Now streaming on:
A documentary featuring Arnon Goldfinger, Hannah Goldfinger, Edda Milz von Mildenstein, Harald Milz, Gertrude Kino, Tamar Tuchler, and Michael Wildt.
In the 1930s, two German couples visited Palestine together. One couple, the Tuchlers, was Jewish. The husband in the other couple, the von Mildensteins, was the predecessor of Adolf Eichmann, Nazi propagandist and eventual war criminal. Baron von Mildenstein wrote an article about the trip, "A Nazi in Palestine," for a Nazi newspaper.
Both men in fact were ardent Zionists, of course for different reasons. Von Mildenstein believed that encouraging Germany's Jews to emigrate to Palestine was a practical solution to "The Jewish problem," and used his position to encourage his thinking with Hitler and Goebbels. As the Holocaust began to take shape, the Tuchlers sailed for Palestine. Remarkably, after the war, they reached out to their old friends the von Mildensteins, and the friendship was restarted, the couples remaining close and friendly.
"The Flat," a spellbinding documentary about family secrets, begins when the maker of this film, Arnon Goldfinger, joins his mother in cleaning out the Tel Aviv flat of his grandmother, her mother, who had just died at 98. They find the possessions of a lifetime, and among them, the long-ago newspaper article. His grandparents were friendly with a high Nazi official? More than that: Arnon's mother, Hannah, tells him that the couples resumed their friendship.
Unable to understand how this could be, Arnon begins unraveling the secrets of the past, traveling to Germany with his mother to visit von Mildensteins' daughter, still alive, and talk to family members on both sides and historians. That all these older people are still alert and articulate brings a particular interest to the wording of their conversations.
For her part, Hannah has no interest in this. "What for?" she says, implying that what's past is past. Who knows why anyone did anything? Von Mildensteins' daughter also seems disinterested in her father's activities, explaining that he was never a member of the SS and in fact, spent much of the war traveling in America and Japan. Even after Tuchler shows her a document in her father's handwriting mentioning his propaganda work with Goebbels, the most she can admit is that this has awakened her interest.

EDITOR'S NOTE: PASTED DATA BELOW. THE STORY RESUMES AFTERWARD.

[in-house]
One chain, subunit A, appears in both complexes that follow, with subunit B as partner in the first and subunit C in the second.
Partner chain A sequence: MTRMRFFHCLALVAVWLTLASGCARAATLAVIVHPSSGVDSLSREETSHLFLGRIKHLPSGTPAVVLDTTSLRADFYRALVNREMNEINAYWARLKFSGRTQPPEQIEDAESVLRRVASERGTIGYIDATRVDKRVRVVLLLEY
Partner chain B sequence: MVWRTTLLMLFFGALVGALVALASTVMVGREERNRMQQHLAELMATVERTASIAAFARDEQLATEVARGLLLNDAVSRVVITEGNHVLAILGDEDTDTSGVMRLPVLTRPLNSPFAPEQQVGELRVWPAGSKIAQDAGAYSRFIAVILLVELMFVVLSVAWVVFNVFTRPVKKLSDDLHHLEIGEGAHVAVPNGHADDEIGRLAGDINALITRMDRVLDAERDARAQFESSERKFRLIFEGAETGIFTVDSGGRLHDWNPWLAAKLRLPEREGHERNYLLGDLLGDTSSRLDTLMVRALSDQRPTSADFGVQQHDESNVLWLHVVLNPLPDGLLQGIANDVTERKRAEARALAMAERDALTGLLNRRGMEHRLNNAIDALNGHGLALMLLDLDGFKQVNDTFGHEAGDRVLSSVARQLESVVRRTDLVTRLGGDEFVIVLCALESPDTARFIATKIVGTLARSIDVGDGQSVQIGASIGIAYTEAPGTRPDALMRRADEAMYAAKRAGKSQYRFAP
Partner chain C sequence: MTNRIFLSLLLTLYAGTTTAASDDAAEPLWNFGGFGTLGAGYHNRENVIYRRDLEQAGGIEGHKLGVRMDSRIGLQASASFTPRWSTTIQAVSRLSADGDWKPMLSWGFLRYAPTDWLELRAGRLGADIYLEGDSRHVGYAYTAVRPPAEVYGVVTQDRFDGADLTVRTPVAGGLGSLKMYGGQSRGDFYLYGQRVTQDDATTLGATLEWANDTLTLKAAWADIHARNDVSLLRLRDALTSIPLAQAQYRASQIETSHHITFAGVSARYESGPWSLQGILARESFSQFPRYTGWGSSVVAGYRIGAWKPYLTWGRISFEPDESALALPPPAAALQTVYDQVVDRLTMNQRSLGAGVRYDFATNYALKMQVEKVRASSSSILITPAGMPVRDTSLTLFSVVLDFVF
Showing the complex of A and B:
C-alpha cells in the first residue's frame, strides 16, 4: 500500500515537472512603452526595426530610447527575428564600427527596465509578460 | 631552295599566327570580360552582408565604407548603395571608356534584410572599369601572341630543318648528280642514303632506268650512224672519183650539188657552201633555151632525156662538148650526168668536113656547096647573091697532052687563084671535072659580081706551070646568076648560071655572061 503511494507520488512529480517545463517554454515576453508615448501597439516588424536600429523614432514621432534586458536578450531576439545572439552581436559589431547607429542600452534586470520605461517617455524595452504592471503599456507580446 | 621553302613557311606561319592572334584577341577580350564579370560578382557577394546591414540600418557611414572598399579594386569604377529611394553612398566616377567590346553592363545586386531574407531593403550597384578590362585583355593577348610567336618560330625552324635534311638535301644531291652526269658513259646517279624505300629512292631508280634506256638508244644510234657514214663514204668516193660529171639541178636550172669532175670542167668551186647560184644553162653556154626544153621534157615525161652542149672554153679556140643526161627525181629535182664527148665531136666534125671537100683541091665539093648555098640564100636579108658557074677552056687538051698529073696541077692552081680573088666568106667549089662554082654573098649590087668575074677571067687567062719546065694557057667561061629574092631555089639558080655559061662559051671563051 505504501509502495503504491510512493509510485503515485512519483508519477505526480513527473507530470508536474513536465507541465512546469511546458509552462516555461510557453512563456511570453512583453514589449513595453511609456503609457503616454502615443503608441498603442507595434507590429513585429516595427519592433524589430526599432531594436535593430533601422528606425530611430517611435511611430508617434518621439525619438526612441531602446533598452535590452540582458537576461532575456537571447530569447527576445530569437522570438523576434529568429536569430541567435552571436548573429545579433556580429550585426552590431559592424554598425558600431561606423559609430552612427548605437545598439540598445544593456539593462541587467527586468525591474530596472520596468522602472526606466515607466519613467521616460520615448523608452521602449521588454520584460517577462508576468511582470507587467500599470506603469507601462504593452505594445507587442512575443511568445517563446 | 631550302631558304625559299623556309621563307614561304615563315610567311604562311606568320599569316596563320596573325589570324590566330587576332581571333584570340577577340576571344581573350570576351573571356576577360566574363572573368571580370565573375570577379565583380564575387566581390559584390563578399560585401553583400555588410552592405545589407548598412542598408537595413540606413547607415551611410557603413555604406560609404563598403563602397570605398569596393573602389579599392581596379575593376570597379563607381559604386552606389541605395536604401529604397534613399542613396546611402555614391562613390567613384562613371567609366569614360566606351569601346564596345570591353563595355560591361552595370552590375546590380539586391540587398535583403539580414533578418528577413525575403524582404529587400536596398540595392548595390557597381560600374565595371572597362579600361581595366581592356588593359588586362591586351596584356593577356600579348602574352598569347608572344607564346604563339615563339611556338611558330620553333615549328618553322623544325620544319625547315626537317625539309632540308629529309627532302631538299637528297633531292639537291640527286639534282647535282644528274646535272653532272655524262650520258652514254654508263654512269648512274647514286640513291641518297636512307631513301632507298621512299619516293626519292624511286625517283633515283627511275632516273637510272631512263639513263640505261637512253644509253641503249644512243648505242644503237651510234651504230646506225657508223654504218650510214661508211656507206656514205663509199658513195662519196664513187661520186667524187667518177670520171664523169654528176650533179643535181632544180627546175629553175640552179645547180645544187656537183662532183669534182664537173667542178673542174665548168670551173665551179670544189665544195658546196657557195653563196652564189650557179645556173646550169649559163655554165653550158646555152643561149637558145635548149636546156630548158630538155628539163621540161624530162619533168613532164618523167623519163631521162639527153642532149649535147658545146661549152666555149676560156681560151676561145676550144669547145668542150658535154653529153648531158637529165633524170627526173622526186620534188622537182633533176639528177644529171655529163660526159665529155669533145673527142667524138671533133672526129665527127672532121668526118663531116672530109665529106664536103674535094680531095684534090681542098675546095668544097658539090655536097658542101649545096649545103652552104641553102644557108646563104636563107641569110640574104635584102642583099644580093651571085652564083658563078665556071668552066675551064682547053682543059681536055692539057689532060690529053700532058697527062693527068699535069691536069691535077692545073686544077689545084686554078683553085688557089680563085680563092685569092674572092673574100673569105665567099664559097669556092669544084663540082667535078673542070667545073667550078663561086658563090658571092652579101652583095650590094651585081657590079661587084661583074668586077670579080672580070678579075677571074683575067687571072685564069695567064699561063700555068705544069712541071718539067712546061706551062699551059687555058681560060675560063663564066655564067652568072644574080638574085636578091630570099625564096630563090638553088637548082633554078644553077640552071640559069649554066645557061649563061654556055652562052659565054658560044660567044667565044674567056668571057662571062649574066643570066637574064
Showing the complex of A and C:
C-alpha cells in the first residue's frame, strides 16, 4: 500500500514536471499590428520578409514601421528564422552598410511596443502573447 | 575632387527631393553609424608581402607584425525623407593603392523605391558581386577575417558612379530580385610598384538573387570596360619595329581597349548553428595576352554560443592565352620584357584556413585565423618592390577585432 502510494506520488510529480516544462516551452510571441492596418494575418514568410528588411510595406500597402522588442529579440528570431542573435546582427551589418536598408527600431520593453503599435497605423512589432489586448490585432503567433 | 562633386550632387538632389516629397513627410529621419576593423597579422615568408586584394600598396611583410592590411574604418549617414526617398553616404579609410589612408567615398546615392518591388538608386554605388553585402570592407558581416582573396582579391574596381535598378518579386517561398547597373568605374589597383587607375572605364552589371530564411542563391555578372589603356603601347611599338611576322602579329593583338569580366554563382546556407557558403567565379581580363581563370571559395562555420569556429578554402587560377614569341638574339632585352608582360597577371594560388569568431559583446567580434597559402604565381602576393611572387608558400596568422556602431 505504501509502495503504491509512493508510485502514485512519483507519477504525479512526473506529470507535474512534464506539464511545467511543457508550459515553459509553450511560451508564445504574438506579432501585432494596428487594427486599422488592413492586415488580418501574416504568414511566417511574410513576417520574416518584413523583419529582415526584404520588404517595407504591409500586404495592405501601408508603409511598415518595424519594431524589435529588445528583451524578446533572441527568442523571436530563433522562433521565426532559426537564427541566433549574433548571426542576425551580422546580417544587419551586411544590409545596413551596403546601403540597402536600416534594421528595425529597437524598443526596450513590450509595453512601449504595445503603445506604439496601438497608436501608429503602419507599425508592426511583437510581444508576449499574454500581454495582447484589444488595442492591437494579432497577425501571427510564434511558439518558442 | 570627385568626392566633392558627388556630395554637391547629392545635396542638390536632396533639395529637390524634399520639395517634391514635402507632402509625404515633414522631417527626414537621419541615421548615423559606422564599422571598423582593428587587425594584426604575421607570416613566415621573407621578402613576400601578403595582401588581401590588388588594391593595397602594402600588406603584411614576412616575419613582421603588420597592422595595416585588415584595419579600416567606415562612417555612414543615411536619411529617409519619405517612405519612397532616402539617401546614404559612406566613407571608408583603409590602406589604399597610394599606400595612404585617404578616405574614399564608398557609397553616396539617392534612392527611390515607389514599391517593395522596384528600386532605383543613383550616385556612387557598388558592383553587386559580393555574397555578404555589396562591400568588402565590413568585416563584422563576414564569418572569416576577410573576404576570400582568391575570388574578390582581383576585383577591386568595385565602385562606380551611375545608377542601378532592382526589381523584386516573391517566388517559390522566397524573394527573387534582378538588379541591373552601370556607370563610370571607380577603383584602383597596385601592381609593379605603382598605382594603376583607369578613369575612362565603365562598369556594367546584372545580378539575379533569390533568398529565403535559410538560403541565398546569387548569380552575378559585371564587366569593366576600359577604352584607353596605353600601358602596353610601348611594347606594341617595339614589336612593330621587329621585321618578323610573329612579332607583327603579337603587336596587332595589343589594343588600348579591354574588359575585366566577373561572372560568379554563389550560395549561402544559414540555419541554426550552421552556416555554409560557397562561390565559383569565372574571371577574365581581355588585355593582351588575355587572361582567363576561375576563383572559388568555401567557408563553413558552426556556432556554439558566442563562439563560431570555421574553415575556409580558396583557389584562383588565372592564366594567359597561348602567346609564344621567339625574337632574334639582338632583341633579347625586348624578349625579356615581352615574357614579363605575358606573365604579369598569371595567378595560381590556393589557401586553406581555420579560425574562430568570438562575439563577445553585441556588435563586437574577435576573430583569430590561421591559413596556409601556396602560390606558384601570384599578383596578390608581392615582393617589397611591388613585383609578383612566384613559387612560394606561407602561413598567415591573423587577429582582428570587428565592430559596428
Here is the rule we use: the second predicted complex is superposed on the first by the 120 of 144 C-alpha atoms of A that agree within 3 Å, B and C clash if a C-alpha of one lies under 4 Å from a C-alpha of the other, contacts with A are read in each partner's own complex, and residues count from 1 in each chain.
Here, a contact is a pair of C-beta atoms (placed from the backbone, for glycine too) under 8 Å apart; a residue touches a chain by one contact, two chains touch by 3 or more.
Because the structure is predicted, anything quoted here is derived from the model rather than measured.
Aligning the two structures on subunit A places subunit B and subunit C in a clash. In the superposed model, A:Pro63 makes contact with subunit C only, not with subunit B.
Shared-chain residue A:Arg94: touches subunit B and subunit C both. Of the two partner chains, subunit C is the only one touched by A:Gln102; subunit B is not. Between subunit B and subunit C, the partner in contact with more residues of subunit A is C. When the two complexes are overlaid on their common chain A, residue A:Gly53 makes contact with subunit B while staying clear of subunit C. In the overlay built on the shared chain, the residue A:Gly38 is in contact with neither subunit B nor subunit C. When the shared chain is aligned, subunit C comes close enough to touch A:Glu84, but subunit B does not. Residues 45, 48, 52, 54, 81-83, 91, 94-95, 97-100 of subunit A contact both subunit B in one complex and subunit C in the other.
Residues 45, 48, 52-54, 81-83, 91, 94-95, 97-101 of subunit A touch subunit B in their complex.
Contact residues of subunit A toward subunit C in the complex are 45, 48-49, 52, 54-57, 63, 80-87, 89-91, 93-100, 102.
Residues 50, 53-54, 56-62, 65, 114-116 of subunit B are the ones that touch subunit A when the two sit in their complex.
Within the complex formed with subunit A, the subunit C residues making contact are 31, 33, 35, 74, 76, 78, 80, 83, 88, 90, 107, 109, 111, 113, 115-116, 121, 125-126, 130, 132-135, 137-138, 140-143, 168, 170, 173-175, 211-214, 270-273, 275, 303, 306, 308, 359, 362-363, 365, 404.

Is something being hidden? No. It's more that something doesn't want to be known. Both second-generation women in the film are willfully disinterested in their family's histories in the Holocaust, and a discussion about this between the Tuchlers on a train in Germany tiptoes around that as they discuss how to approach Edda Milz von Mildenstein, the daughter.
What we see in the meetings here between Jews and Germans are professional people — prosperous, educated, friendly — for whom mentioning Nazis or murder would violate taboos. Only the third generation became interested, a historian tells Goldfinger. In the second, the memories were repressed. One can imagine a vengeful Goldfinger storming down on the von Mildensteins, but in a way the reticence and ambiguity on both sides is more meaningful. You understand why "nobody knew" about the Holocaust. Everybody fervently wanted not to know.
I cannot describe for you the film's closing scene, in the rain, in a German Jewish cemetery. A surprising discovery there brings the enigma to an oddly poetic conclusion. "The past is never dead," William Faulkner wrote. "It's not even past."